September 3, 2017 – Stuff I Found Interesting


Harvey Track – A GIF showing the track of Harvey across Texas and Louisiana.


‘This is the dumbest thing I’ve ever done,’ says man who rode out Harvey with wife, four dogs in a truck – I don’t know everything that this guy has done, but he’s probably right. Staying in their home in Port Aransas was pretty darn stupid. It does make for an interesting story though.


Hurricane Harvey Could Spur Congress to Act on Flood Insurance – Our flood insurance system is a wreck. It was near its credit limit going into the storm, so something has to change. My guess, a lot of arguing resulting in very little change except raising the credit limit.


How Washington Made Harvey Worse – A criticism that the way our national flood insurance program is structured encourages building in flood prone areas, making floods worse.


Houston’s Flood Is a Design Problem – This one blames Houston for having too much concrete and not having enough ways to let the 50” of rain that fell soak in. My idea – using tunnel boring machines to build huge drains that lead to the Gulf. During dry times, we could use them as subway tunnels to Galveston.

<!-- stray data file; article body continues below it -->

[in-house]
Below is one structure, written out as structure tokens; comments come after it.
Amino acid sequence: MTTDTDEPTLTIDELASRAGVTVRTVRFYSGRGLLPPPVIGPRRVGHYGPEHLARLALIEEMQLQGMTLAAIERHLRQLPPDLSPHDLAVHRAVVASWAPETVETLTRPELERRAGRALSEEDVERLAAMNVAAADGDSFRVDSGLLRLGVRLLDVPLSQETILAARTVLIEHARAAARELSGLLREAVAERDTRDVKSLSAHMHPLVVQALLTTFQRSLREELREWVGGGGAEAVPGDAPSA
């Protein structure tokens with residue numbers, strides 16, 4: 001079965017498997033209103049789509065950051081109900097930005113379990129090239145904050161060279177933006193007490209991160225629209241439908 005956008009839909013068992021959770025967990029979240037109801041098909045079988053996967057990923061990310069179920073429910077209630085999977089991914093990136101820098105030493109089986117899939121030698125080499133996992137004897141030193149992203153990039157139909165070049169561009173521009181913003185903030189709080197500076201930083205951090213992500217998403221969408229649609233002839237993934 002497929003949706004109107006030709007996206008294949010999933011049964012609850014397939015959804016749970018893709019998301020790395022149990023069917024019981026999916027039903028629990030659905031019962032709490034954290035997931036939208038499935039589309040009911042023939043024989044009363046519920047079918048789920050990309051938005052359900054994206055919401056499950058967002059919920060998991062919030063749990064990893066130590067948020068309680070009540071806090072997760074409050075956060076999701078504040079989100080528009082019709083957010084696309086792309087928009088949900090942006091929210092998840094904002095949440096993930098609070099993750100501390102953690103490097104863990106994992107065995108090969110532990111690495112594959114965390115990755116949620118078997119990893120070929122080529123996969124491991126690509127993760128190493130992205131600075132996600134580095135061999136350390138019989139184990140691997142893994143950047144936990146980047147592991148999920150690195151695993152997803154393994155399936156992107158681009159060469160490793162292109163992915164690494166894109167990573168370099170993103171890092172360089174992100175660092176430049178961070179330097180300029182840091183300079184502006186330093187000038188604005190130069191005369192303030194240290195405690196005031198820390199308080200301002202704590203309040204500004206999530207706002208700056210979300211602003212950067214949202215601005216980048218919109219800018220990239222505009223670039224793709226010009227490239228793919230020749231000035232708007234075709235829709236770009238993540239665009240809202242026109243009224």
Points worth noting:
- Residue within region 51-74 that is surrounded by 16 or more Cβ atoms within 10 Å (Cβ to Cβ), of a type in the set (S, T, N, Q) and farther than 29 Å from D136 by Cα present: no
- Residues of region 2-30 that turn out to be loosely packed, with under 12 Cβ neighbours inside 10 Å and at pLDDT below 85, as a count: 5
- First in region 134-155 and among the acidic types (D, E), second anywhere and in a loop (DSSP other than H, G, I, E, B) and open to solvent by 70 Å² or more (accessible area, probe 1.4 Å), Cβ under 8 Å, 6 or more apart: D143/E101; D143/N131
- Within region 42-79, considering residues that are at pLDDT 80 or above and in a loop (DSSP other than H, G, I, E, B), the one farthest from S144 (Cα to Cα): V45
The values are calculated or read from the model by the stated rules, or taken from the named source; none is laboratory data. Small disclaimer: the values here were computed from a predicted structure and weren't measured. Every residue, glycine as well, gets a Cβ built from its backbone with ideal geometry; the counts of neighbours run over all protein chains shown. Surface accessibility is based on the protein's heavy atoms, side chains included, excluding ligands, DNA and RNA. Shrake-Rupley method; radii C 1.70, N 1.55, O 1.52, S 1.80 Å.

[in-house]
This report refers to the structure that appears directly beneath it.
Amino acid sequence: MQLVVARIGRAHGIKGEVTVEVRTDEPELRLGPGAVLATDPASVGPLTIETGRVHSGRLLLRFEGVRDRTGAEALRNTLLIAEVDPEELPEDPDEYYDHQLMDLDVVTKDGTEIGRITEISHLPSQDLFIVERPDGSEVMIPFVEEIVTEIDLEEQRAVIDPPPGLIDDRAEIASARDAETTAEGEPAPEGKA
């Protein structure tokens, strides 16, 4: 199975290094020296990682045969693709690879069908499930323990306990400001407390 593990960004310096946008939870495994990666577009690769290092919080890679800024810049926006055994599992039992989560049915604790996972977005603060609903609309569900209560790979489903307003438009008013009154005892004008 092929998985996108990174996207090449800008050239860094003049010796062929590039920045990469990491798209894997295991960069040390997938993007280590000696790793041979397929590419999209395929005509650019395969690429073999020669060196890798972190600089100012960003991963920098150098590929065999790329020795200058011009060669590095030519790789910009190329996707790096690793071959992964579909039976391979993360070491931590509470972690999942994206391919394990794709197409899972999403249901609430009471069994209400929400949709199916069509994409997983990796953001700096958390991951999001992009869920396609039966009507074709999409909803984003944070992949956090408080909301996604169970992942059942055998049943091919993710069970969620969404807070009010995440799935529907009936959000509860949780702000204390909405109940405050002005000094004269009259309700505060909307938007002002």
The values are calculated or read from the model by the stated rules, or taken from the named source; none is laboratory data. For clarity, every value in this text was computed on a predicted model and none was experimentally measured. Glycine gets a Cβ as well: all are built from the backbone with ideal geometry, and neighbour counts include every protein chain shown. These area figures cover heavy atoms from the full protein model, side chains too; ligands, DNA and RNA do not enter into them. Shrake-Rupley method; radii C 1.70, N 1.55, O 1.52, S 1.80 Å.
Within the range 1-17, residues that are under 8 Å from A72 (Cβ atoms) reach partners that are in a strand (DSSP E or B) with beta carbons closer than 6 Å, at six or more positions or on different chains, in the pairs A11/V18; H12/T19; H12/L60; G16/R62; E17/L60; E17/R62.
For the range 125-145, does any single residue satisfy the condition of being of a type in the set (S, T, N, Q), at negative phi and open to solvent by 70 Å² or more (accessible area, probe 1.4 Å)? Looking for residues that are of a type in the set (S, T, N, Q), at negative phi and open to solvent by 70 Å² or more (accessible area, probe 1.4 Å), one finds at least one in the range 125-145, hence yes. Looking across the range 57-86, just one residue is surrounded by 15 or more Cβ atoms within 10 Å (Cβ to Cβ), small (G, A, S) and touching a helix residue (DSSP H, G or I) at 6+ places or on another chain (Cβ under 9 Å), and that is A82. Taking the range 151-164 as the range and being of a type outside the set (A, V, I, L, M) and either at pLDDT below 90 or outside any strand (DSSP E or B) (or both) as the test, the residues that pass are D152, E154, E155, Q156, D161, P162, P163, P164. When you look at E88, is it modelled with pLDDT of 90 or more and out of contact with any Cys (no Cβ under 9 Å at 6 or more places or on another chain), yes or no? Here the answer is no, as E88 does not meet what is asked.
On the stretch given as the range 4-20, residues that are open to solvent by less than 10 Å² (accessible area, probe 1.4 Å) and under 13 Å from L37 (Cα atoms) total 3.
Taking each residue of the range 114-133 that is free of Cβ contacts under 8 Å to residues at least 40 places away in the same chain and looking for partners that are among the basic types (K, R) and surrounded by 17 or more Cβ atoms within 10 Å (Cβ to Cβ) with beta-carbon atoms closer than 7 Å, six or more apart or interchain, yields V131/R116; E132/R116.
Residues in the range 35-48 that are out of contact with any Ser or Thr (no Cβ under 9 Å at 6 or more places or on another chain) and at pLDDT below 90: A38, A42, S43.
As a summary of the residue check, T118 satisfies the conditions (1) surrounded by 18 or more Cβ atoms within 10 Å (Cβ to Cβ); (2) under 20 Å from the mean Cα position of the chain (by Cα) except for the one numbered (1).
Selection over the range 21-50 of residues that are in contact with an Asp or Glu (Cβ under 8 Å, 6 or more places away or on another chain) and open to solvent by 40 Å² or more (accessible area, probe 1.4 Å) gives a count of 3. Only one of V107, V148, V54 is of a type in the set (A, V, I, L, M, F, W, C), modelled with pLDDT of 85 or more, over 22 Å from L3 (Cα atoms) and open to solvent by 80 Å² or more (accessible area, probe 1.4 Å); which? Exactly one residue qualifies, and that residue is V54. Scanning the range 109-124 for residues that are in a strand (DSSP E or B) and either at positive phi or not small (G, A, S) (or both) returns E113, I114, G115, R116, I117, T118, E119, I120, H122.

THE AGONY OF DECIDING TO EVACUATE A CITY – It’s a tough call. This article claims that 100 people died on the road during the Rita evacuation. Evacuations are dangerous and costly in many ways. I think that they did the right thing not ordering an evacuation. Incidentally, I learned that in 2009 Texas changes to law to allow for mandatory evacuations.


Why It’s Misleading to Say That Houston Showcases “America at Its Best” – It’s hard to describe this article as anything other than an attempt to downplay the public spirit that Houston showed during the crisis. She’s basically saying that absent a crisis, people are jerks, so don’t get too excited. I remember when I got a flat tire on Huffsmith-Korville. The hardest thing about changing it was that so many cars get stopping and asking if Ineeded help. Sorry, lady, but most people aren’t jerks most of the time, at least not where I live.


This is probably the worst US flood storm ever, and I’ll never be the same – By many measures, it was the worst flooding storm in recorded history.